Photo © Tony Hudson

    Blackberry Lily
    Belamcanda chinensis

    Reliably beautiful, drought tolerant and tough, this perennial attracts hummingbirds and butterflies. Stiff, sword-like leaves form upright clumps. In summer, orange flowers with red and yellow markings appear, followed by clusters of small, glossy black fruits reminiscent of blackberries. Plant in well-drained, average soil and part to full sun. To discourage self-sowing, remove seed heads.

    Photo © Tom Murphy VII

    Lenten Rose
    Helleborus orientalis

    This hardy shade perennial is known for its winter interest, with white, cup-shaped flowers blooming in winter and early spring. It can grow 18 – 24" tall and 24 – 30" wide, slowly spreading. Thick, smooth, evergreen leaves are deer resistant. Grows best in rich, moist, well-drained soil, in part to full shade.

    Photo © Dominicus Johannes Bergsma

    Variegated Fragrant Solomon’s Seal
    Polygonatum odoratum ‘Variegatum’

    This hardy, herbaceous perennial grows in clumps that slowly spread. In spring, arched stems support elegant, medium-green leaves with streaked white edges. Bell-like white flowers bloom in May and June, followed by spherical black fruits and yellow foliage in fall. Plant in fertile, moist, well-drained soil. Prefers part to full shade.

    Photo © Phillip Merritt

    Little Bunny Fountain Grass
    Pennisetum alopecuroides ‘Little Bunny’

    This perennial grass forms neat, compact mounds of pale to medium green blades, which reach a height and width of 12 – 18". It sports large, feathery, ivory-colored flower spikes in summer. Leaves and flowers turn a wheat color in fall and last through winter. Looks best when planted in masses, and will attract birds. Drought tolerant. Grows best in average, well-drained soil and full sun.

    Photo © Kansas State University

    Plume Grass
    Erianthus ravennae

    This giant of the ornamental grasses features gray-green, arching leaves that form dense mounds up to 5' tall and 4 – 6' wide. Large, feathery blooms of silver-purple flowers rise to an impressive 8 – 12' tall in late summer and, once dry, persist through winter. Attracts birds. Grows best in moist, well-drained soil and full sun.

    Virginia Sweetspire
    Itea virginica

    This hardy shrub with a bushy habit reaches 3 – 10' tall and 3 – 8' wide. Arching branches hold bright green, glossy leaves, which turn dark red and burgundy in the fall and last partly into winter. Creamy white, drooping, fragrant panicles bloom in late spring to early summer and attract butterflies. Grows well in full sun to full shade and thrives in average to wet soil.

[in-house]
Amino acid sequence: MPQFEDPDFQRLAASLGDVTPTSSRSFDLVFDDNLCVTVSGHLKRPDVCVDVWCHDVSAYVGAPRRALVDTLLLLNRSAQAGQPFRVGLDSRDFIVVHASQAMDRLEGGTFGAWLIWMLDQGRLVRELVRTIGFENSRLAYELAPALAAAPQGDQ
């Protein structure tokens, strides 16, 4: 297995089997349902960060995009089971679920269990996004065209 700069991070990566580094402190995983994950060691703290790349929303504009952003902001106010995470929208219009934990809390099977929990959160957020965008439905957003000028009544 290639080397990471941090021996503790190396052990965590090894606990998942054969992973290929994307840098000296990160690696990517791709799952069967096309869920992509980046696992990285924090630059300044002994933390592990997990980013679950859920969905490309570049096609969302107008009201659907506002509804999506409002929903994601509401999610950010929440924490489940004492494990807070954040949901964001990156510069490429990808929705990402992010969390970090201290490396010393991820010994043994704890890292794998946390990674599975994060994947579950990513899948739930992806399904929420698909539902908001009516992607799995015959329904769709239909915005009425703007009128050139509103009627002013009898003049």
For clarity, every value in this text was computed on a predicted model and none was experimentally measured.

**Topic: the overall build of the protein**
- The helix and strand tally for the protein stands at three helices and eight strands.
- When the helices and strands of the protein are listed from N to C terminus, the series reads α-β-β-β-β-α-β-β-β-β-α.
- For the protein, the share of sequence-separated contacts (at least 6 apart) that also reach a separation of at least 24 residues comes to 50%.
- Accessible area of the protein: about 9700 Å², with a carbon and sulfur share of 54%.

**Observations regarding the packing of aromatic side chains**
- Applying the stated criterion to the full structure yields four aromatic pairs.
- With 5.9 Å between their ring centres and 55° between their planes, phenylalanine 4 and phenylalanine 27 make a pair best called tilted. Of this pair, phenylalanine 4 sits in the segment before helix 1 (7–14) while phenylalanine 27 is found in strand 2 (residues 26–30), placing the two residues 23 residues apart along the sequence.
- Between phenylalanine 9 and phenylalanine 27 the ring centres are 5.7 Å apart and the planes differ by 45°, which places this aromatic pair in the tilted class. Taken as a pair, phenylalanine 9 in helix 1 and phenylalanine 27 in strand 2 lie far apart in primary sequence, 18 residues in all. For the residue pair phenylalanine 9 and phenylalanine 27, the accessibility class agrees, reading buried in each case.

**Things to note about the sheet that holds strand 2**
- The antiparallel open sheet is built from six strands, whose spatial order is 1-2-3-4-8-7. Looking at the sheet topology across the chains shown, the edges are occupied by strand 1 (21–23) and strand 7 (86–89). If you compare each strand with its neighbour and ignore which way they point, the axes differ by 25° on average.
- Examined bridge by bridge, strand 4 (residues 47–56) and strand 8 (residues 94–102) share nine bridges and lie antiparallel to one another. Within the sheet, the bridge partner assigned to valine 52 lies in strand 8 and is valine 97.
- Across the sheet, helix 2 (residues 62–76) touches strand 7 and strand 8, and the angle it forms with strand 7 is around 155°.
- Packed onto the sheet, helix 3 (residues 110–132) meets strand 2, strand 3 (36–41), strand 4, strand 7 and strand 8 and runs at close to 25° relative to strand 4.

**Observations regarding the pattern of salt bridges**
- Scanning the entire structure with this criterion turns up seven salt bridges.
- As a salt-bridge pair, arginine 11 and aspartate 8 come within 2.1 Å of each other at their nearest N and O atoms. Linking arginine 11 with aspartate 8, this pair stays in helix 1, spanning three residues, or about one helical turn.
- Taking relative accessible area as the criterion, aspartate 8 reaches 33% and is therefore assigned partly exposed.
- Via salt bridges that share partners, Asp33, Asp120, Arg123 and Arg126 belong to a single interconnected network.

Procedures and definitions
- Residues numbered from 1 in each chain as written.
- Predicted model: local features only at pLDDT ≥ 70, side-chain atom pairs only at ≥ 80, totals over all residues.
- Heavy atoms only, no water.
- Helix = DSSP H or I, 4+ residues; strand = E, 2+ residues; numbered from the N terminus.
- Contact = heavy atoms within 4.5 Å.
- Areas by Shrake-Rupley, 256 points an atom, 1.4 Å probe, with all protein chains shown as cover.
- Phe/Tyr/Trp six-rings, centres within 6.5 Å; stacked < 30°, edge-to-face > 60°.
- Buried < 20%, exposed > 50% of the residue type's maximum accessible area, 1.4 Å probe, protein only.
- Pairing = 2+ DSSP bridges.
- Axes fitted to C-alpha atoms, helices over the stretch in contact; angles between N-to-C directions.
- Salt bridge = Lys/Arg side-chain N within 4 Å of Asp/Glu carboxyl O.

Photo © User: SBJohnny, Wikimedia Commons

    Oakleaf Hydrangea
    Hydrangea quercifolia

    This large, deciduous shrub, 3 – 10' tall and wide, has an upright habit. Oak-shaped leaves are deep green and turn crimson and bronze-purple in fall. Huge, papery, white flower panicles bloom in summer, dry to rose-pink to tan, and provide interest throughout the winter, as does the exfoliating, copper-brown bark. Plant in moist soil, and full sun to part shade.

    Photo © User: houroumono, Flickr

    American Yellowweed
    Cladrastis kentukea

    This beautiful, rounded deciduous tree reaches 30 – 50' in height with low, spreading branches. Bright green leaves become a brilliant yellow in fall. Smooth, sandy brown bark grays with age. In late spring, showy, fragrant white flowers bloom in long, pendulous clusters on each branch tip. Blooms typically appear only every other year but are worth the wait. Grows best in fertile, well-drained soil and full sun.

    Photo © Romana Klee

    River Birch
    Betula nigra

    A fast-growing native that is resistant to insects and diseases, this tree can reach 40 – 70' in height. Often multi-stemmed, it features beautiful, peeling bark in mixed shades of white, rust-orange, gray and brown. Elongated catkins appear in spring, and medium-green leaves change to a dark yellow in fall. An excellent tree for wet areas, it can also grow in drier soils. Plant in full sun to part shade.

    Photo © John Beetham

  • 2010


    Autumn Joy Stonecrop
    Hylotelephium telephium (Sedum) 'Herbstfreude'

    This 2 – 3’ garden perennial is easy to grow and boasts broad, rounded clusters of star-shaped, pale pink flowers that appear in late summer to fall above waxy green leaves. Very attractive to bees and butterflies. Plant in average, well-drained soil in full sun.

    Photo © Arthur Chapman and Audrey Bendus

    Common Serviceberry
    Amelanchier arborea

    This multi-stemmed large shrub or small tree, 15– 25 feet’ in height, is beautiful throughout the seasons. Fragrant clusters of snowy white flowers appear in spring, followed by edible violet-red berries. In the fall, colors change from yellow to orange to red, and the bark is smooth and streaked with gray. Plant in average, well-drained soil in part to full sun.

    Photo © Kadja Schultz

    Dawn Redwood
    Metasequoia glyptostroboides

    This fast-growing, deciduous conifer can reach 50’ after 15 – 20 years, and eventually reaches a height of 70 – 100’. The redwood has a uniform, conical shape, reddish-brown exfoliating bark and bright green needles that change to brownish-orange in fall. Grows best in deep, moist, well-drained soils and full sun.

    Photo © Zbigniew Galus

    Foam Flower
    Tiarella cordifolia